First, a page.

Three Things I Learnt During My Internship at a Biotech Startup

I’ll let you in on three secrets about the Biosciences sector

Photo by jesse orrico on Unsplash

Internships have become the currency of early career success. Skills gained during short work experiences are often key when employers decide who gets their foot in the door, and they are also the best way to find out whether a particular industry aligns with your career goals. I have recently spent 3 months at a biotech startup, and couldn’t have enjoyed my time there more!

The company I worked with has just been founded and is developing products for stem cell science and regenerative medicine — two explosive markets with huge amounts of revenue and projected growth. The combination of these factors — the culture you’ll find at startups that have just been founded and the possibilities of a newly emerging and fast growing market — have completely shifted my perception of the biotech market.


Here is what I learnt:

1. You don’t have to have a science background to work in the biotech sector.

Before my internship, I believed only biologists worked in the biotech sector. I couldn’t have been more wrong. Yes, on the R&D and production side of things, a life sciences degree will be needed, but that’s just one part of the company. Any good biotech startup also needs people who are experienced in sales and marketing, communication, business development, and finance and accounting. Software development and graphic design is also high in demand for many companies trying to build their brand.

If you’ve always been interested the sector, but thought your background prevented you from it, dismiss that idea now! While the products might be different, the daily grind on the office side of things is very similar to any other industry. If you have experience with any of the areas listed above, you could soon be an invaluable member of the team.

Photo by Markus Spiske on Unsplash

2. The pay is almost guaranteed to be above average.

Generally speaking, any biotech companies need lots of capital injected in the beginning since production costs tend to be much higher than in other sectors. If everything runs smoothly, revenues are also very high.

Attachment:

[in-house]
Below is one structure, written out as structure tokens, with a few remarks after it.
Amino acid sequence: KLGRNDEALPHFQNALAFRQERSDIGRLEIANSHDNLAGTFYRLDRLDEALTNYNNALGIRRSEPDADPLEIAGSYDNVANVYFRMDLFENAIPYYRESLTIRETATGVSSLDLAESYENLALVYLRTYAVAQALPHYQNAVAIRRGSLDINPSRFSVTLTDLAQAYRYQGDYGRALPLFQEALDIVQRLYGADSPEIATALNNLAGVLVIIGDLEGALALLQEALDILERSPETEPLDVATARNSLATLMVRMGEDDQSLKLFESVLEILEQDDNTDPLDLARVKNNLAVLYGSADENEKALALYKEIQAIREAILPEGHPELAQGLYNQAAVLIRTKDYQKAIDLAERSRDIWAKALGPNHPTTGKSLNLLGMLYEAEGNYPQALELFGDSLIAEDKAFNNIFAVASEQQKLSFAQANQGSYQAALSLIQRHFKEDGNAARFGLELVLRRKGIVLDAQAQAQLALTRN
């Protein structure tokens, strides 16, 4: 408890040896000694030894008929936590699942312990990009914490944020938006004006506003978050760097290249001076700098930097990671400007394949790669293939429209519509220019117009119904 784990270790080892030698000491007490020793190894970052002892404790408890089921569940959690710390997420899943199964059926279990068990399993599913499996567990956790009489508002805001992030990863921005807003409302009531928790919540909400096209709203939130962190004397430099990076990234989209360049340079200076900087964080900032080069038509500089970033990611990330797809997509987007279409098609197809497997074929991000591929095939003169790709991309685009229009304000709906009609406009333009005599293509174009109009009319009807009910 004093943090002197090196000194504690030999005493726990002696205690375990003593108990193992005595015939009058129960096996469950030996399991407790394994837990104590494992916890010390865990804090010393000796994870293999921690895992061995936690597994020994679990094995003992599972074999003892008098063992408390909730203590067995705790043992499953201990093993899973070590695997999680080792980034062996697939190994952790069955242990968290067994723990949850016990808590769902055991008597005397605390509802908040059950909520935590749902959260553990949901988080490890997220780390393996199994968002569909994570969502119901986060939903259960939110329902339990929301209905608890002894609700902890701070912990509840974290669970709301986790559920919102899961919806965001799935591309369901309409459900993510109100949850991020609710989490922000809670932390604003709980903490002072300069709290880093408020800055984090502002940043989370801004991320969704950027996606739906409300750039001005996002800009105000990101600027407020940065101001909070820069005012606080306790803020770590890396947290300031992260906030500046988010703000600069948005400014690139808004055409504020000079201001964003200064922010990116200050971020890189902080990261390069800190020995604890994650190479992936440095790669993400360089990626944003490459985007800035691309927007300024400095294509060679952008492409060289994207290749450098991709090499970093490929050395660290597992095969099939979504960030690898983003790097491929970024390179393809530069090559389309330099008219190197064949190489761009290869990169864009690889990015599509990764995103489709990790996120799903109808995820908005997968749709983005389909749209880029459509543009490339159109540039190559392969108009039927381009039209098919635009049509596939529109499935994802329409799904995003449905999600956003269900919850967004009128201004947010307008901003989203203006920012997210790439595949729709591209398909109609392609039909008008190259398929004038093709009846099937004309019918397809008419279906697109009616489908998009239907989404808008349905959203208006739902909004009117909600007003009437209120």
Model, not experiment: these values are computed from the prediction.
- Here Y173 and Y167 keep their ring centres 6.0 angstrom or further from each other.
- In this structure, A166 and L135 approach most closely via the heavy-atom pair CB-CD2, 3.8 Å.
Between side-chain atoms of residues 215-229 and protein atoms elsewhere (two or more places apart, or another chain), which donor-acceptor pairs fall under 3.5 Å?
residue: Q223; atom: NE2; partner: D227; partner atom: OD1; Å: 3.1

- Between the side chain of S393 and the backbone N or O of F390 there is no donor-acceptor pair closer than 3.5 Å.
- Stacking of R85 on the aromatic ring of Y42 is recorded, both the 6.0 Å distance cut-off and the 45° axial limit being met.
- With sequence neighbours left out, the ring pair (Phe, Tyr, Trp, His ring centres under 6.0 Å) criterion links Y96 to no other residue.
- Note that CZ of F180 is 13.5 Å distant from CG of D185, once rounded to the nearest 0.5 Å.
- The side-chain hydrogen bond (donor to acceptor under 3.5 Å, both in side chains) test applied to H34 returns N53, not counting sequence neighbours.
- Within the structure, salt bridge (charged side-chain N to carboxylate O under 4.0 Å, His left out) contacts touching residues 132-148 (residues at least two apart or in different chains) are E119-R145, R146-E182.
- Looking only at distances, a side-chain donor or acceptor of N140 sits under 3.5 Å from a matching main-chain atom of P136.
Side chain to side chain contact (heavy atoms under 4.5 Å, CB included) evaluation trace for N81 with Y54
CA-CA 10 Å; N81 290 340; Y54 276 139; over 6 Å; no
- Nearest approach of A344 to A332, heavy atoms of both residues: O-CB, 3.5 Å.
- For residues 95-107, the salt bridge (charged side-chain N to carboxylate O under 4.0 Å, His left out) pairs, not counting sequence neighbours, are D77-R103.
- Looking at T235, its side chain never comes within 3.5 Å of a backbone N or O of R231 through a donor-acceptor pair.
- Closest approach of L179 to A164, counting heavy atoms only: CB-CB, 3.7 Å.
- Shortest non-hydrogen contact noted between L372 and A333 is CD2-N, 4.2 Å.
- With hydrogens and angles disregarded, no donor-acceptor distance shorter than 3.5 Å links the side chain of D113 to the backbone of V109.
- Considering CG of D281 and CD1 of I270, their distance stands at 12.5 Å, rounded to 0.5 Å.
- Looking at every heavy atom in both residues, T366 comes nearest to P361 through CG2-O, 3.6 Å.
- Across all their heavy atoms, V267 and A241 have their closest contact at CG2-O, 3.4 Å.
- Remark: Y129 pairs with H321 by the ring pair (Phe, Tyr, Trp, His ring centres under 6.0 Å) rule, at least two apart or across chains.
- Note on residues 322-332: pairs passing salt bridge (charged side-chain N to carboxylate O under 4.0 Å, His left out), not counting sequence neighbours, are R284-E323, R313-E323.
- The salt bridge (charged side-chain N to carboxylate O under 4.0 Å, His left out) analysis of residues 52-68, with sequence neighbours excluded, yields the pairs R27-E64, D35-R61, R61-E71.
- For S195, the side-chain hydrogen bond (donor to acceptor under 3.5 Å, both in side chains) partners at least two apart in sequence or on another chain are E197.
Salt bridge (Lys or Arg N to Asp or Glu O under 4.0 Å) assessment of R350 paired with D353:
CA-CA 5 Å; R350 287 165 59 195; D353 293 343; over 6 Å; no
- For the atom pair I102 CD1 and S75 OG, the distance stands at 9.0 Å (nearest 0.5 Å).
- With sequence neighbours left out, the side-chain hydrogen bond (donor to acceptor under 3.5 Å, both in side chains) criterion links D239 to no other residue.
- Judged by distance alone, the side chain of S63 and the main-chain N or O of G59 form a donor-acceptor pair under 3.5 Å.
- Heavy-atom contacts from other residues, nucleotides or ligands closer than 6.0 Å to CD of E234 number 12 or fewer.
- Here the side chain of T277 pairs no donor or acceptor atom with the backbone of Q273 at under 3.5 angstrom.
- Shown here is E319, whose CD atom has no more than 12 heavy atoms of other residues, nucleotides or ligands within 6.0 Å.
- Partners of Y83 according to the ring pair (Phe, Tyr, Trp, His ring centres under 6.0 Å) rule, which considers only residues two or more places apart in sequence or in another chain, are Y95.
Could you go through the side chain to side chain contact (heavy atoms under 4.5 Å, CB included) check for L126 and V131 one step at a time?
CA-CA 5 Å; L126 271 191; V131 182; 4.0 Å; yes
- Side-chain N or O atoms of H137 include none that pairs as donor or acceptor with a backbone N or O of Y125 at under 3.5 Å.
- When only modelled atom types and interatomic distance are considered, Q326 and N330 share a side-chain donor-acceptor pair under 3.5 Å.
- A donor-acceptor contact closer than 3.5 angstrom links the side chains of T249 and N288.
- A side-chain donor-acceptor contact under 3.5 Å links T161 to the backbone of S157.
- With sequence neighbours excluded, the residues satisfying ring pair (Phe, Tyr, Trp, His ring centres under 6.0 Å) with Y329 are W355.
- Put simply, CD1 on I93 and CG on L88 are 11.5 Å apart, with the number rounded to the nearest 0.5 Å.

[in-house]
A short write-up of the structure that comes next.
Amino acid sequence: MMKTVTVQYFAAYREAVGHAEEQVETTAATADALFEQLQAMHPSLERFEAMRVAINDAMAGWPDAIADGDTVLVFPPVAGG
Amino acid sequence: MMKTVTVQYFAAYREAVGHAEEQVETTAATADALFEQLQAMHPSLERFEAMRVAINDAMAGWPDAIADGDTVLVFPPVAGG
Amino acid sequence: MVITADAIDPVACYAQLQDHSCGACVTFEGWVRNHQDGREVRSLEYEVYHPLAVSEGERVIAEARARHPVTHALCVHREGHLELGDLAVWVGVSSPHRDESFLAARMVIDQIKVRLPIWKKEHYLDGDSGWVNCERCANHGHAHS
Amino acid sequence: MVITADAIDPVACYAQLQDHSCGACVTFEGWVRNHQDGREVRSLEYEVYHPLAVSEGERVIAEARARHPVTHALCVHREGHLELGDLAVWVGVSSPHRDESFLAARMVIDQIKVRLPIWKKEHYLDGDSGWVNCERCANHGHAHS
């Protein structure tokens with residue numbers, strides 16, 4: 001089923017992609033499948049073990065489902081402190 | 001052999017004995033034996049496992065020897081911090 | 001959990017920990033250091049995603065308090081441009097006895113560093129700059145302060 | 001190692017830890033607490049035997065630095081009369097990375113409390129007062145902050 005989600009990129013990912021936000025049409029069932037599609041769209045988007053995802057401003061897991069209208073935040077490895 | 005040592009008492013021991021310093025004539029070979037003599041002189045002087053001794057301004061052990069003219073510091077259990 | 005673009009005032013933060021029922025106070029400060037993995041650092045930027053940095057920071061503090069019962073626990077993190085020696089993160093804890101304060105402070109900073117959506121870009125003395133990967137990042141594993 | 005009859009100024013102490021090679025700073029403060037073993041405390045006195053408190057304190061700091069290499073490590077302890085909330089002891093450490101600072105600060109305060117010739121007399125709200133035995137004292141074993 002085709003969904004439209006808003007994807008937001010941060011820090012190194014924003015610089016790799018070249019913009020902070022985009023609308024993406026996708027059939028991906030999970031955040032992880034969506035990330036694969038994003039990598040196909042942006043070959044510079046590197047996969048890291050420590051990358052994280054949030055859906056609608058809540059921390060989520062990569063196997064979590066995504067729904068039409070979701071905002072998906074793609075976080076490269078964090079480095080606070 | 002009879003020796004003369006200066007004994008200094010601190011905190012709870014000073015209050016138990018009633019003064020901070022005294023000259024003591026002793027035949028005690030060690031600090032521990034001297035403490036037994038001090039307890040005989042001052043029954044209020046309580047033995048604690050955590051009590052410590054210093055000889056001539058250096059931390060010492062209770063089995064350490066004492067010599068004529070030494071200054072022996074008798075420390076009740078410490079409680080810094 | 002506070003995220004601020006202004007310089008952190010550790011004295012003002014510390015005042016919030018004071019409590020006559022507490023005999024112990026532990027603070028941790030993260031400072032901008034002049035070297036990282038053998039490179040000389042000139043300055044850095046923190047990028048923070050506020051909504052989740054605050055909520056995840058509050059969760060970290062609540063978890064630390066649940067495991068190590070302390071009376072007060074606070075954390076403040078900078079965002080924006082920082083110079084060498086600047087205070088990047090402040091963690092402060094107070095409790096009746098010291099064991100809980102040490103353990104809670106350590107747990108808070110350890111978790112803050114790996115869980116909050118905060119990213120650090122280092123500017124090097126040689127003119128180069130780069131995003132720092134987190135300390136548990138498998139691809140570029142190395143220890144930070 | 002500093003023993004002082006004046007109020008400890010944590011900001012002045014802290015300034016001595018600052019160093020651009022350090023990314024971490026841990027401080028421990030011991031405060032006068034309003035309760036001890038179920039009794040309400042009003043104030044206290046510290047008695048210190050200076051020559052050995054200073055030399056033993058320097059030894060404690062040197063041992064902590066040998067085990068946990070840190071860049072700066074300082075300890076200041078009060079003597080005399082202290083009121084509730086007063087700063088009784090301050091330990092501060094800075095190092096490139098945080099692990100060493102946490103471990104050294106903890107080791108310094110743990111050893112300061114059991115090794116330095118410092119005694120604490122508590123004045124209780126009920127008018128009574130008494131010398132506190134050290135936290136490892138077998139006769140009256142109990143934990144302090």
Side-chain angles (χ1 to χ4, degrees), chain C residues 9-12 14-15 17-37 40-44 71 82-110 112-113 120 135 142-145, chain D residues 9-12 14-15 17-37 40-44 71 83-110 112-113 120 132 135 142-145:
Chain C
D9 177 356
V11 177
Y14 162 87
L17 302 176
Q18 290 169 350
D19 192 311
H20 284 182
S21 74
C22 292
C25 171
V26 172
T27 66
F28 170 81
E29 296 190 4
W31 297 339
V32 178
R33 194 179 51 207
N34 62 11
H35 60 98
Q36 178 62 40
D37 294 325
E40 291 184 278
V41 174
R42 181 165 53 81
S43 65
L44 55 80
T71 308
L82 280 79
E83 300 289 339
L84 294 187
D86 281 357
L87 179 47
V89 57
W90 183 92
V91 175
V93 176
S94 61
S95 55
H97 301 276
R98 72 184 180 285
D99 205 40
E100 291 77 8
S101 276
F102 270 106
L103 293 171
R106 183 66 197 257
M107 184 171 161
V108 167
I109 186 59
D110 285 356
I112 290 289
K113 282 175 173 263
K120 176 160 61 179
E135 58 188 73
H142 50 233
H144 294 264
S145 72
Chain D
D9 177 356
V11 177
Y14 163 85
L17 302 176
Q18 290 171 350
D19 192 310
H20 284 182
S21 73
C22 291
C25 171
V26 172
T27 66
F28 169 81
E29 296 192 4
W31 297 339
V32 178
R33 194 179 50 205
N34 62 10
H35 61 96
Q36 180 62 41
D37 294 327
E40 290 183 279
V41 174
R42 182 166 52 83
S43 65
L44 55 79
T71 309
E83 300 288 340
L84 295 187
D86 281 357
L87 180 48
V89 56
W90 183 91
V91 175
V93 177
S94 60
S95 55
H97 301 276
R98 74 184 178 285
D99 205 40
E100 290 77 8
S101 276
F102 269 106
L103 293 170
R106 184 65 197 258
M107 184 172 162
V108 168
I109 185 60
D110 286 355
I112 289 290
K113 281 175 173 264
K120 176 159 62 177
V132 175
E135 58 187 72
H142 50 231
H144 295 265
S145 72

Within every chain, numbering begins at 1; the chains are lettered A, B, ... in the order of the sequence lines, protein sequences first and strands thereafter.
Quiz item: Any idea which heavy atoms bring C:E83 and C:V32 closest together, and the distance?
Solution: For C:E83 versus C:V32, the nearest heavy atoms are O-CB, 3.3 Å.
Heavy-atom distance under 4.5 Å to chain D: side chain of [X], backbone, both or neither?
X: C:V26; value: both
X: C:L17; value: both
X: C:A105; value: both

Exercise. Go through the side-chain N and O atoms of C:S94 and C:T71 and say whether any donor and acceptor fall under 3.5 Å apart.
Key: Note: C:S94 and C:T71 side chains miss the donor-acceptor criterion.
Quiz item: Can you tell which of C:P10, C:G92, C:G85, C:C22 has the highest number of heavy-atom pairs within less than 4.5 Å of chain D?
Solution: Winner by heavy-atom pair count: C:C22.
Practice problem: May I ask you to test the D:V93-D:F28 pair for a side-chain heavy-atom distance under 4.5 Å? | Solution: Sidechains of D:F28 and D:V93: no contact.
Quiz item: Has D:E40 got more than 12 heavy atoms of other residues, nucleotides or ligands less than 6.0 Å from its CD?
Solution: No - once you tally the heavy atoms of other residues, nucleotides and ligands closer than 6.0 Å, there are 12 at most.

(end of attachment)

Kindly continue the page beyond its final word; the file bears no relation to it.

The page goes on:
This shines through in the salary of the employees. Biotech industry professionals earn more than other life science professionals, and if averaged across different positions, regularly lead income rankings across the country.

Taken from BioSpace

3. Taking risks is good.

Once they’ve made it, biotech startups are incredible places to work at. However, getting there is slightly harder than it is for your typical tech startup: it can take years for the first biotech products to hit the market, and they often have to pass a lot of strict and costly regulations beforehand.

This fact, in combination with the already somewhat fickle nature of the life sciences sector, makes biotech a very unpredictable business. However, that also means that it’s a place like no other for learning the flexibility and the guts needed to dramatically alter the direction of a company. Often, when things don’t work out, it’s not a question of tweaking them until they do, but completely realigning the entire strategy.

That isn’t just the complete opposite from what I’ve learnt at all other work experiences so far, it’s also the key factor that made my work so exciting.


During my internship, I’ve learnt a lot of things — from customer base management to market research and product design. But what will stick with me the most are these three key insights.

I would not have known about these things without interning at a biotech startup. And while I don’t know yet whether future career steps will carry me into this sector, I’m sure hoping I’ll get there.

This story is published in The Startup, Medium’s largest entrepreneurship publication followed by +436,678 people.

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